With Britain setting the pace in turbine engine production, it was natural that Westland should study the possible application of shaft-turbine power to helicopter design. One outcome of these studies was the twin-engined W-81 project of 1951. It was highly ambitious, with a payload of 32 fully-armed troops or four tons of cargo, loaded weight of 19,000 lb., estimated maximum cruising speed of 180 m.p.h. and maximum range of 950 nautical miles. Even the standard large helicopters if 1965 hardly exceed such a performance, but this is not the primary reason why the W-81 deserves to be remembered. So far as is known, it was the first helicopter design produced anywhere in the world in which the engines (Armstrong Siddeley Double Mamba) were mounted in the now-conventional position, above the cabin. Westland was, thus, the first company to realise that the comparatively small size and weight of turbine engines would enable them to be removed from inside the fuselage, giving much greater room for payload and facilitating loading and unloading, as well as reducing the complexity and weight of the transmission system.
The W-81 came to nothing because there was no current requirement for such a large machine. So Westland began examining the possibility of adapting standard Sikorsky airframes to turbine power.
 

Stargazer2006

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Text about the W.80, W.85 and W.90 from the same source:

In addition to the effort expended in Anglicising and developing the Sikorsky designs and selecting British equivalents for the original U.S. materials on the Dragonfly and Whirlwind helicopters, the Westland design office initiated a number of interesting original helicopter projects of its own.

Three such projects, undertaken in the early nineteen-fifties, were the W-80, W-85 and W-90.

The W-80 was a 36-seat, 24,500 lb. machine intended for inter-city work. Drawings prepared at the time show a machine of relatively fine lines, powered by two Bristol Hercules engines, mounted in outboard nacelles. The driveshafts from the engines were mounted at right-angles to the line of flight and inclined in a vertical plane towards the main gearbox above the cabin roof. Considerable development work was undertaken on the design of the gearbox units required for this type of twin-engined drive to a single rotor.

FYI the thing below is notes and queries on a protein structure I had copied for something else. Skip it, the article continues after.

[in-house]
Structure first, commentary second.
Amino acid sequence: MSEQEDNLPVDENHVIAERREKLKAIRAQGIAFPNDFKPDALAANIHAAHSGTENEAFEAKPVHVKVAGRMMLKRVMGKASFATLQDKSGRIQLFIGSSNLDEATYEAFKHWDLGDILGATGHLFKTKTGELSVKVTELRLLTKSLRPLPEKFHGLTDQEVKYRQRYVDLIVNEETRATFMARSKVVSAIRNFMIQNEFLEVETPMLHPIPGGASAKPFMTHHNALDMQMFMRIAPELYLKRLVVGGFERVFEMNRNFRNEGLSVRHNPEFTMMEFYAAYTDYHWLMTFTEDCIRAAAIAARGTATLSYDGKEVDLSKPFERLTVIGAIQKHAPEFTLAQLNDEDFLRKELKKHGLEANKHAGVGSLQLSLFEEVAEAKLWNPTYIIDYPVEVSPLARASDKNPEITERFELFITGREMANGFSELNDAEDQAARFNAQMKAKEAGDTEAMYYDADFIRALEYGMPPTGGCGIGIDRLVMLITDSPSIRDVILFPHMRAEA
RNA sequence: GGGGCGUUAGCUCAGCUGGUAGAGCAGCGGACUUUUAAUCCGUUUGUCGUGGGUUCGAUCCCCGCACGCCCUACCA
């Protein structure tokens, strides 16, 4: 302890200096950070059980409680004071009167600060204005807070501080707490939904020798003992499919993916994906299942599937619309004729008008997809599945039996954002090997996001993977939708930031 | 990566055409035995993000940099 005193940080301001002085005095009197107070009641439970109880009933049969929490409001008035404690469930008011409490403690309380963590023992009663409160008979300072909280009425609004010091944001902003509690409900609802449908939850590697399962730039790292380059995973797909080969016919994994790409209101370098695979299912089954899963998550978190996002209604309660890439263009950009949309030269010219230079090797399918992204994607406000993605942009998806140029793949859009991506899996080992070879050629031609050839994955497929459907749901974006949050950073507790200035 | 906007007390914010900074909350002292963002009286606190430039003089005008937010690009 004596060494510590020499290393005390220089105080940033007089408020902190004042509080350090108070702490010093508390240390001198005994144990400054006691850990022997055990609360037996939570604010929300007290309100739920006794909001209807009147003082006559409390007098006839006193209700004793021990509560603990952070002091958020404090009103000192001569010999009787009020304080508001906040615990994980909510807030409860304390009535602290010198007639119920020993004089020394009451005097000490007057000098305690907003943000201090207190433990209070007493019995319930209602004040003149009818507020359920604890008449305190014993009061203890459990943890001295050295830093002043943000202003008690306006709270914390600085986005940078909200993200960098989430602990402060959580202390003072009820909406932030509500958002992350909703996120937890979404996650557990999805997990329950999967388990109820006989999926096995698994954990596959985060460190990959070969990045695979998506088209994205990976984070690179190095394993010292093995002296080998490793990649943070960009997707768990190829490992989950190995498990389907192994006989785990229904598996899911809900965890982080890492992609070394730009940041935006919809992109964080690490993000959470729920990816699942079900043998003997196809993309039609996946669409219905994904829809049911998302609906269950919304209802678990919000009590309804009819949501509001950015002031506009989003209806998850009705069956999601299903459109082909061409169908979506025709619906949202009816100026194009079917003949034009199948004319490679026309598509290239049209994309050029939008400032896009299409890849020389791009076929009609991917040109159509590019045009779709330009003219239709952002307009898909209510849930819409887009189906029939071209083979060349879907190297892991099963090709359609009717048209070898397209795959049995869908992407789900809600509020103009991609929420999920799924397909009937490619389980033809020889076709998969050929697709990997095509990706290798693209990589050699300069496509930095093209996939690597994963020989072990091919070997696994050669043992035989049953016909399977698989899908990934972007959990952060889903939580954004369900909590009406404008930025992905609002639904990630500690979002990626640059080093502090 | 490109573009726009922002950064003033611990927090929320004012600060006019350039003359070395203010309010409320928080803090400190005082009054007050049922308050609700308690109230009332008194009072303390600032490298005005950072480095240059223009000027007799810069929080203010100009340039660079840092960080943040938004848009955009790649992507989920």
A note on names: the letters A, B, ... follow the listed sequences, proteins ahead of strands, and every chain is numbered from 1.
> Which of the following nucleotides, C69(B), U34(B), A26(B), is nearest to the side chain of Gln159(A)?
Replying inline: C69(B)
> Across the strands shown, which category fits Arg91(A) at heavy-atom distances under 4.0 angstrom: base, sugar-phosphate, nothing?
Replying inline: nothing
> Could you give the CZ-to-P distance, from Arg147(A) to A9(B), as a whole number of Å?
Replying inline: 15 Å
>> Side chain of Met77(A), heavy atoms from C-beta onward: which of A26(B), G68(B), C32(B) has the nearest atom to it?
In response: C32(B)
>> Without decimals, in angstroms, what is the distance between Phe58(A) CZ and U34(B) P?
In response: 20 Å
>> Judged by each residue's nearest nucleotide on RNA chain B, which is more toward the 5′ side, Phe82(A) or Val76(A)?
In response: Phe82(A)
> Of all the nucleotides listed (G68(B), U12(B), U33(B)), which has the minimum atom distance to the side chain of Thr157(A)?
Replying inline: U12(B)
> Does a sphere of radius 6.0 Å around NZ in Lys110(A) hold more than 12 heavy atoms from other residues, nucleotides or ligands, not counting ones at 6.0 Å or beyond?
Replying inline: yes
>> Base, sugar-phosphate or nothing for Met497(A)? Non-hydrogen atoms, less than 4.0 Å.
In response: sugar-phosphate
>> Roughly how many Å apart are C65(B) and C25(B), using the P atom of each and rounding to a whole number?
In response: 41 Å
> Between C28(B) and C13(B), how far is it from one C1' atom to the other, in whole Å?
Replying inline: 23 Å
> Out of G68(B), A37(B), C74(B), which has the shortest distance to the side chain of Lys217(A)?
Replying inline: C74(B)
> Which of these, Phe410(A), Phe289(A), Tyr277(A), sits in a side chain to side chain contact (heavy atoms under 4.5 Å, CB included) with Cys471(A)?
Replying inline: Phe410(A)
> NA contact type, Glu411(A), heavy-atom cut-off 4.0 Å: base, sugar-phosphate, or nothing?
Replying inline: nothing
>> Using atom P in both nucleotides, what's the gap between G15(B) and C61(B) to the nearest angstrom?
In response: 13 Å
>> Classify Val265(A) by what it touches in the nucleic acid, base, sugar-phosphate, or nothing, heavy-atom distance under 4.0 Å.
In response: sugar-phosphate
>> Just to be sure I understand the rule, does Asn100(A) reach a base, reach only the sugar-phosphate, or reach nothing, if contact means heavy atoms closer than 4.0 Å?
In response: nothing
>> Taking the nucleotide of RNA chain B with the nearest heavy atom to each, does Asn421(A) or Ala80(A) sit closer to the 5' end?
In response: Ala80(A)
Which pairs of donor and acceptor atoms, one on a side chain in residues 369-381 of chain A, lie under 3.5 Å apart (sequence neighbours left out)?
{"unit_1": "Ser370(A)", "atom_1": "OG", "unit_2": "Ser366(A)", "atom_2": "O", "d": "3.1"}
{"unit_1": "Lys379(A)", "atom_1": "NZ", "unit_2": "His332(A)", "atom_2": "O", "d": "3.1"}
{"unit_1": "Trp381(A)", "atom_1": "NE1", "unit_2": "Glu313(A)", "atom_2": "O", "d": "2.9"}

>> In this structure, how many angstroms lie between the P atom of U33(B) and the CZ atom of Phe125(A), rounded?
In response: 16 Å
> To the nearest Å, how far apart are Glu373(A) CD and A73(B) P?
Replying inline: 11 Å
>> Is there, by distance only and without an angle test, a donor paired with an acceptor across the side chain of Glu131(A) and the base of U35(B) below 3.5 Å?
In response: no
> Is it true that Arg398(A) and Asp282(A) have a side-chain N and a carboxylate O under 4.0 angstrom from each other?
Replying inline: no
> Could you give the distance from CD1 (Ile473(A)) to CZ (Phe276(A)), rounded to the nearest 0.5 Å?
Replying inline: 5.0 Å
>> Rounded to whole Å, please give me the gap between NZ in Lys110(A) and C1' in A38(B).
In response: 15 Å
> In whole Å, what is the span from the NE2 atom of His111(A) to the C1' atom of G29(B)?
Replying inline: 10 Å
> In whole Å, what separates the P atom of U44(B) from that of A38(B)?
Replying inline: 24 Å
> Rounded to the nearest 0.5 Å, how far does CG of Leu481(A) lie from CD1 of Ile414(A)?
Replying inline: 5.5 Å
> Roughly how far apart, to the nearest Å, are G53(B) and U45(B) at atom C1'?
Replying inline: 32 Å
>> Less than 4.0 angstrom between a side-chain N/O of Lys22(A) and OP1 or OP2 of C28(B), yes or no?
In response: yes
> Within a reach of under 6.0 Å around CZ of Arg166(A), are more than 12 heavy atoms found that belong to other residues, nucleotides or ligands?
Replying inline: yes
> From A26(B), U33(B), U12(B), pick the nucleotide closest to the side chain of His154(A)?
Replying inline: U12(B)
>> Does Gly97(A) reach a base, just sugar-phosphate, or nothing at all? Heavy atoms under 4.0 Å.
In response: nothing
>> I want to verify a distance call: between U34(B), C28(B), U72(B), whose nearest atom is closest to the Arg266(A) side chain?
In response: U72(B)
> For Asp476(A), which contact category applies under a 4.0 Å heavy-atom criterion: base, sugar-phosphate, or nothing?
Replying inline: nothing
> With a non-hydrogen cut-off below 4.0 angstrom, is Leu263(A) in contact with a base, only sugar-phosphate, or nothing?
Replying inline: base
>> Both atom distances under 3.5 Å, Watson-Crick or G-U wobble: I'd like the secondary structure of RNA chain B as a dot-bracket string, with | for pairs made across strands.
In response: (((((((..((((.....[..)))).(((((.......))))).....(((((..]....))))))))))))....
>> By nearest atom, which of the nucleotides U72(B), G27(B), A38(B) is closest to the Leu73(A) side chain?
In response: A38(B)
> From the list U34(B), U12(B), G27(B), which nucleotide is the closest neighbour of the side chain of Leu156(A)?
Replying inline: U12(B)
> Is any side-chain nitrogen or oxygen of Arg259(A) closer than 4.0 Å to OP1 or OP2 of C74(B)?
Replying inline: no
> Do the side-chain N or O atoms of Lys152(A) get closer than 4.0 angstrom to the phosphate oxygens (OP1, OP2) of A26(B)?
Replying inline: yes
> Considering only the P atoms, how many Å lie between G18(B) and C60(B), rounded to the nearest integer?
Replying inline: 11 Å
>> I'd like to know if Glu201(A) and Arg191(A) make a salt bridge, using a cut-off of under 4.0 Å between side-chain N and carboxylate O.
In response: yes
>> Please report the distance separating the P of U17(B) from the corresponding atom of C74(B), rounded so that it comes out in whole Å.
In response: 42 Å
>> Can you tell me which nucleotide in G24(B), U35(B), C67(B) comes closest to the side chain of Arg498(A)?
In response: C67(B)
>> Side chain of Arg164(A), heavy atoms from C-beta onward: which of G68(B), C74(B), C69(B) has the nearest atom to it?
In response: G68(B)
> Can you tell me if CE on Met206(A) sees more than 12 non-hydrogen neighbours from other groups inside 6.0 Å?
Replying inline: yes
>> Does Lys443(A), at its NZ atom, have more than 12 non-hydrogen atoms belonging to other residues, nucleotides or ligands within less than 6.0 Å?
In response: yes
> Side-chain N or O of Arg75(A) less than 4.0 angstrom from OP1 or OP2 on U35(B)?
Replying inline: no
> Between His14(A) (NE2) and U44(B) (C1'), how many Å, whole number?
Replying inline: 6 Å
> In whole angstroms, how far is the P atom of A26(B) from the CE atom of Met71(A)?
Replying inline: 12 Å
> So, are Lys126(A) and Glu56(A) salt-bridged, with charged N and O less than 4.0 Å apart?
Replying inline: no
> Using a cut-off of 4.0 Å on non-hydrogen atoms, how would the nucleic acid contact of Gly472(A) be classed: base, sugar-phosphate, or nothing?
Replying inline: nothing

The W-85 was a projected 100-seat military helicopter powered by six Armstrong Siddeley Adder turbojet engines mounted in pairs on each blade-tip. The machine had nose-loading doors, with a small passenger-sized ventral exit at the rear. The crew compartment was located high in the fuselage, above the nose doors. With a rotor diameter of 104 ft., this machine had an all-up weight in the 60,000 lb. class.

Most impressive project of all was the W-90. This design for a 450-seat military helicopter was powered by three large Armstrong Siddeley turbojet engines mounted one on each blade of the 196 ft. diameter main rotor. It looked like a scaled-up version of W-80, with nose-loading doors and a ventral entrance. The troops were carried on three separate decks, the lower one of which could be used for the carriage of army vehicles or artillery. All-up weight of this huge machine was over 200,000 lb.

Projects for a number of Navy spotter helicopters were also undertaken during this period.
NOTE: Bold type is mine.
 

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How would the troops get out of W-90 in a scenario where it is hit by a SA missile, similar to what happened to Mi 26 in Chechnya?
 

Jemiba

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Is or was there any helicopter, intended as a troop transport, that was fitted with special
systems to increase the chances of the occupants in the case of a catastophic failure in
the air ? Crashworthy seats, some kind of protection against light groundfire and splinters
and of course chaff/flares and ECM suits are used today, of course, but if this doesn't help,
the only chance still is to reach the ground in a way, that enables an escape there.
 

Barrington Bond

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From American Helicopter May 1952 and I assume it is the W.90 Goliath as the article does not mention it by name.
 

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hesham

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Hi,

https://books.google.ie/books?id=yNwDAAAAMBAJ&printsec=frontcover&source=gbs_ge_summary_r&cad=0#v=onepage&q&f=false
 

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hesham

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TsrJoe said:
Westland W.81, manufacturers display model, International Helicopter Museum, Weston Super Mare
Wow,amazing find my dear.